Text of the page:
waic() methods can be used to compute WAIC from the pointwise
log-likelihood. However, we recommend LOO-CV using PSIS (as implemented by
loo() function) because PSIS provides useful diagnostics as well as
effective sample size and Monte Carlo estimates.
waic(x, ...) # S3 method for array waic(x, ...) # S3 method for matrix waic(x, ...) # S3 method for `function` waic(x, ..., data = NULL, draws = NULL) is.waic(x)
A log-likelihood array, matrix, or function. The Methods (by class) section, below, has detailed descriptions of how to specify the inputs for each method.
|draws, data, ...||
For the function method only. See the Methods (by class) section below for details on these arguments.
A named list (of class
c("waic", "loo")) with components:
A matrix with two columns (
"SE") and three
"waic"). This contains
point estimates and standard errors of the expected log pointwise predictive
elpd_waic), the effective number of parameters
p_waic) and the information criterion
waic (which is just
-2 * elpd_waic, i.e., converted to deviance scale).
A matrix with three columns (and number of rows equal to the number of
observations) containing the pointwise contributions of each of the above
array: An \(I\) by \(C\) by \(N\) array, where \(I\)
is the number of MCMC iterations per chain, \(C\) is the number of
chains, and \(N\) is the number of data points.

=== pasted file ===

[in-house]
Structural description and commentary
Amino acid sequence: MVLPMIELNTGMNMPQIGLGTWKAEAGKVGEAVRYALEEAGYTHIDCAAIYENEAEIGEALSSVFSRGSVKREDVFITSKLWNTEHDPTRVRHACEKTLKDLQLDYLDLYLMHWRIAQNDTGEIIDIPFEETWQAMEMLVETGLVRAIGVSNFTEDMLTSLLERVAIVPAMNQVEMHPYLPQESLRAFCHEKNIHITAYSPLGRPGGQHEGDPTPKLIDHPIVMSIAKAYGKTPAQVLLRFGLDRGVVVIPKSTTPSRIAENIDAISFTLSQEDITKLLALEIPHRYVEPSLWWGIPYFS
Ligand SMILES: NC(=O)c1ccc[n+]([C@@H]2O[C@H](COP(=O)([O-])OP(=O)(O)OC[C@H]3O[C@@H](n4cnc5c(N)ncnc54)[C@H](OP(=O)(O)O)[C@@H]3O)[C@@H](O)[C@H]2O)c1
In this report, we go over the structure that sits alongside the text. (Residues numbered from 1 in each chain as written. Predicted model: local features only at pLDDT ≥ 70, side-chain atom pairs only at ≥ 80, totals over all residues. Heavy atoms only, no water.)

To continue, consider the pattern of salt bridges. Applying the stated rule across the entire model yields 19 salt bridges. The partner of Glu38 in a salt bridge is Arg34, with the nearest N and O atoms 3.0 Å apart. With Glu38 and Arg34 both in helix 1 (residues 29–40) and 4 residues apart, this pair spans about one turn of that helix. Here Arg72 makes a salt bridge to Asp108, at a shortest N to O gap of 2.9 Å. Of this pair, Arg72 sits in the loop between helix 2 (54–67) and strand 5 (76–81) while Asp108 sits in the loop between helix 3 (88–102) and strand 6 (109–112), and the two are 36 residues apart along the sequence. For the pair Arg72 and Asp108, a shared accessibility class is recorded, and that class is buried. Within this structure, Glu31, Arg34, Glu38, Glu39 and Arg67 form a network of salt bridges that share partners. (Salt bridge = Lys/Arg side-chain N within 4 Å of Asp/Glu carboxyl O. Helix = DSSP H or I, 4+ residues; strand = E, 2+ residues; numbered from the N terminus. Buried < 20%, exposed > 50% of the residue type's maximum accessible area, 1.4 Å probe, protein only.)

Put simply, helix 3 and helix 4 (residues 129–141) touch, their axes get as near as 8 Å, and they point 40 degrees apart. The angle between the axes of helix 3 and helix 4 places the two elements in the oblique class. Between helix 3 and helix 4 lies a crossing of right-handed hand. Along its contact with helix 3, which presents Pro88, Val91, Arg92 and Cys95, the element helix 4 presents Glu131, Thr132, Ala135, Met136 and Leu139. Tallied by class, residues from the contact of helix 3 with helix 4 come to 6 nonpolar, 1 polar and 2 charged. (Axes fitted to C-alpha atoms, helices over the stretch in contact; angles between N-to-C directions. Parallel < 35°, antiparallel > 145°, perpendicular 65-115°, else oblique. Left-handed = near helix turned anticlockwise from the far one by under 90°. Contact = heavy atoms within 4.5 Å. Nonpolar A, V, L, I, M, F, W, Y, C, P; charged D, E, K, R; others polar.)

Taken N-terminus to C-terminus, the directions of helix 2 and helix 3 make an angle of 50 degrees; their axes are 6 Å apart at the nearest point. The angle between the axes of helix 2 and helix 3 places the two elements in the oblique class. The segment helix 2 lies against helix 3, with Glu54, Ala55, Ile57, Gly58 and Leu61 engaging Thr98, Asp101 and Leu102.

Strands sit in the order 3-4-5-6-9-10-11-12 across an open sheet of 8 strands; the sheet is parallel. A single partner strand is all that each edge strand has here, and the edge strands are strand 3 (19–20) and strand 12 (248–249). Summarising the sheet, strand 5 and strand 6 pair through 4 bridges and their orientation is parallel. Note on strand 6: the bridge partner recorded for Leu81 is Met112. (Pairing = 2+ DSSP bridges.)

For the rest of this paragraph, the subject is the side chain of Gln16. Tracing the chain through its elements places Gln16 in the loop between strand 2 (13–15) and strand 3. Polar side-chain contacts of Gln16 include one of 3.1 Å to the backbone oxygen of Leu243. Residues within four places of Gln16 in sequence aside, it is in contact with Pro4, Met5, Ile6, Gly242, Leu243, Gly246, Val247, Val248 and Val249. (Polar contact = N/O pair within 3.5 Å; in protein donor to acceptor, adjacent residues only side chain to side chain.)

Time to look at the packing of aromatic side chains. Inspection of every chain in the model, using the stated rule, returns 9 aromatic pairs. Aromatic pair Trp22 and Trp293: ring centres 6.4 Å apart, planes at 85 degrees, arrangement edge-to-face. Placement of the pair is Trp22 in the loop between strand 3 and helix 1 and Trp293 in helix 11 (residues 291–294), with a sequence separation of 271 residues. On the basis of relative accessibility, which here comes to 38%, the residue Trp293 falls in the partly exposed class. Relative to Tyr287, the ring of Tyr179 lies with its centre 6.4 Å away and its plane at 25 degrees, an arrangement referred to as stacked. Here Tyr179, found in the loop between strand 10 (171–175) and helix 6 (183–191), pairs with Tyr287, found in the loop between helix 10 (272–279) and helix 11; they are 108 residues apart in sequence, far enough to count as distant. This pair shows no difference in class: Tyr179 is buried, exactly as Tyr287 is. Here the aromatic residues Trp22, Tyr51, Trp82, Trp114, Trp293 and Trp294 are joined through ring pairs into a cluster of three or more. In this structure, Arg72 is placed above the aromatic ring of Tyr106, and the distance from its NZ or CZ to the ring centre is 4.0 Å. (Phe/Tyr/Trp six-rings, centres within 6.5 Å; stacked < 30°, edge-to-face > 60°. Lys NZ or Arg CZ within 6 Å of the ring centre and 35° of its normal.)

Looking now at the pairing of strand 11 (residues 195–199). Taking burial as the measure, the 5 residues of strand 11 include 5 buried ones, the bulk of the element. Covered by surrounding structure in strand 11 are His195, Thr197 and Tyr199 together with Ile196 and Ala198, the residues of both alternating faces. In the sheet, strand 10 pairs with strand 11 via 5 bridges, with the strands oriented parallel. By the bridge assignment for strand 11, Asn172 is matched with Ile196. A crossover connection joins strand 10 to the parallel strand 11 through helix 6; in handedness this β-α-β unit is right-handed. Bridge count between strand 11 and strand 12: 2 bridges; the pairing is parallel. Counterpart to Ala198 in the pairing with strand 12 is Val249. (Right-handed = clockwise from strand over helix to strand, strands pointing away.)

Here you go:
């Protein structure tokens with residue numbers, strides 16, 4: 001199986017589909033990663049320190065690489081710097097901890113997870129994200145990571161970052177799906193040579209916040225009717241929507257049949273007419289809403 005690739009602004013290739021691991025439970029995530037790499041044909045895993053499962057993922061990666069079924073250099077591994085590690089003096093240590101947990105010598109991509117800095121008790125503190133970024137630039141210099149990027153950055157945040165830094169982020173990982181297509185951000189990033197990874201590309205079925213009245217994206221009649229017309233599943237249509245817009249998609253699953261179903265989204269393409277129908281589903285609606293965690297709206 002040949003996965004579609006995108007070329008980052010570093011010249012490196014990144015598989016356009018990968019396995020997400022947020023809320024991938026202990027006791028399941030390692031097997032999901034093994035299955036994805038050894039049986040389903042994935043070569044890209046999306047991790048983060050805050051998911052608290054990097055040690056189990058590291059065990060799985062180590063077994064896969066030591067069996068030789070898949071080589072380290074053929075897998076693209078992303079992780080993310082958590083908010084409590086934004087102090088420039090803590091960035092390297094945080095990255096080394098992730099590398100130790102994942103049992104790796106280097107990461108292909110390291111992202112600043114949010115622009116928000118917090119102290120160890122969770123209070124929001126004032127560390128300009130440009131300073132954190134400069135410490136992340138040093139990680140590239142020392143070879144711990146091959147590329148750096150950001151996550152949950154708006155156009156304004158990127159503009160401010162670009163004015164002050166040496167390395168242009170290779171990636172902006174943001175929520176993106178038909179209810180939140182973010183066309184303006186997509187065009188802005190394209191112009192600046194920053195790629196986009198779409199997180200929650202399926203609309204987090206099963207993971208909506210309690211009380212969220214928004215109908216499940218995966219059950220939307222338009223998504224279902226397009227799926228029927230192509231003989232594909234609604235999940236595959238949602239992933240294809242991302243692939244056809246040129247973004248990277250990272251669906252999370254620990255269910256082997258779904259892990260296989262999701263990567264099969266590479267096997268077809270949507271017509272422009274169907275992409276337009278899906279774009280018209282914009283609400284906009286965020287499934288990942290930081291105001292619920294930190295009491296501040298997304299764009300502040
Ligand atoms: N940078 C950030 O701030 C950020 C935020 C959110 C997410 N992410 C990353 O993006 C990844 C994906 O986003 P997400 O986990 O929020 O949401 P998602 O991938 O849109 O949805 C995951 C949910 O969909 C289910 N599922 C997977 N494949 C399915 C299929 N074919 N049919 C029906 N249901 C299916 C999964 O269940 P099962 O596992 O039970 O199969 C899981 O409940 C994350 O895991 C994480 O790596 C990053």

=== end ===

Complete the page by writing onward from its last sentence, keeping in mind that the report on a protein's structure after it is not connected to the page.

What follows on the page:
matrix: An \(S\) by \(N\) matrix, where \(S\) is the size
of the posterior sample (with all chains merged) and \(N\) is the number
of data points.
function: A function
f() that takes arguments
draws and returns a
vector containing the log-likelihood for a single observation
at each posterior draw. The function should be written such that, for each
f(data_i = data[i,, drop=FALSE], draws = draws)
results in a vector of length
S (size of posterior sample). The
log-likelihood function can also have additional arguments but
draws are required.
If using the function method then the arguments
draws must also
be specified in the call to
data: A data frame or matrix containing the data (e.g.
observed outcome and predictors) needed to compute the pointwise
log-likelihood. For each observation
ith row of
data will be passed to the
data_i argument of the
draws: An object containing the posterior draws for any
parameters needed to compute the pointwise log-likelihood. Unlike
data, which is indexed by observation, for each observation the
draws will be passed to the
draws argument of
the log-likelihood function.
... can be used if your log-likelihood function takes additional
arguments. These arguments are used like the
draws argument in that they
are recycled for each observation.
Watanabe, S. (2010). Asymptotic equivalence of Bayes cross validation and widely application information criterion in singular learning theory. Journal of Machine Learning Research 11, 3571-3594.
Vehtari, A., Gelman, A., and Gabry, J. (2017a). Practical Bayesian model evaluation using leave-one-out cross-validation and WAIC. Statistics and Computing. 27(5), 1413--1432. doi:10.1007/s11222-016-9696-4 (journal version, preprint arXiv:1507.04544).
Vehtari, A., Simpson, D., Gelman, A., Yao, Y., and Gabry, J. (2019). Pareto smoothed importance sampling. preprint arXiv:1507.02646
#>  500 2 32#>  1000 32waic_arr <- waic(LLarr)#> Warning: #> 3 (9.4%) p_waic estimates greater than 0.4. We recommend trying loo instead.waic_mat <- waic(LLmat)#> Warning: #> 3 (9.4%) p_waic estimates greater than 0.4. We recommend trying loo instead.identical(waic_arr, waic_mat)#>  TRUE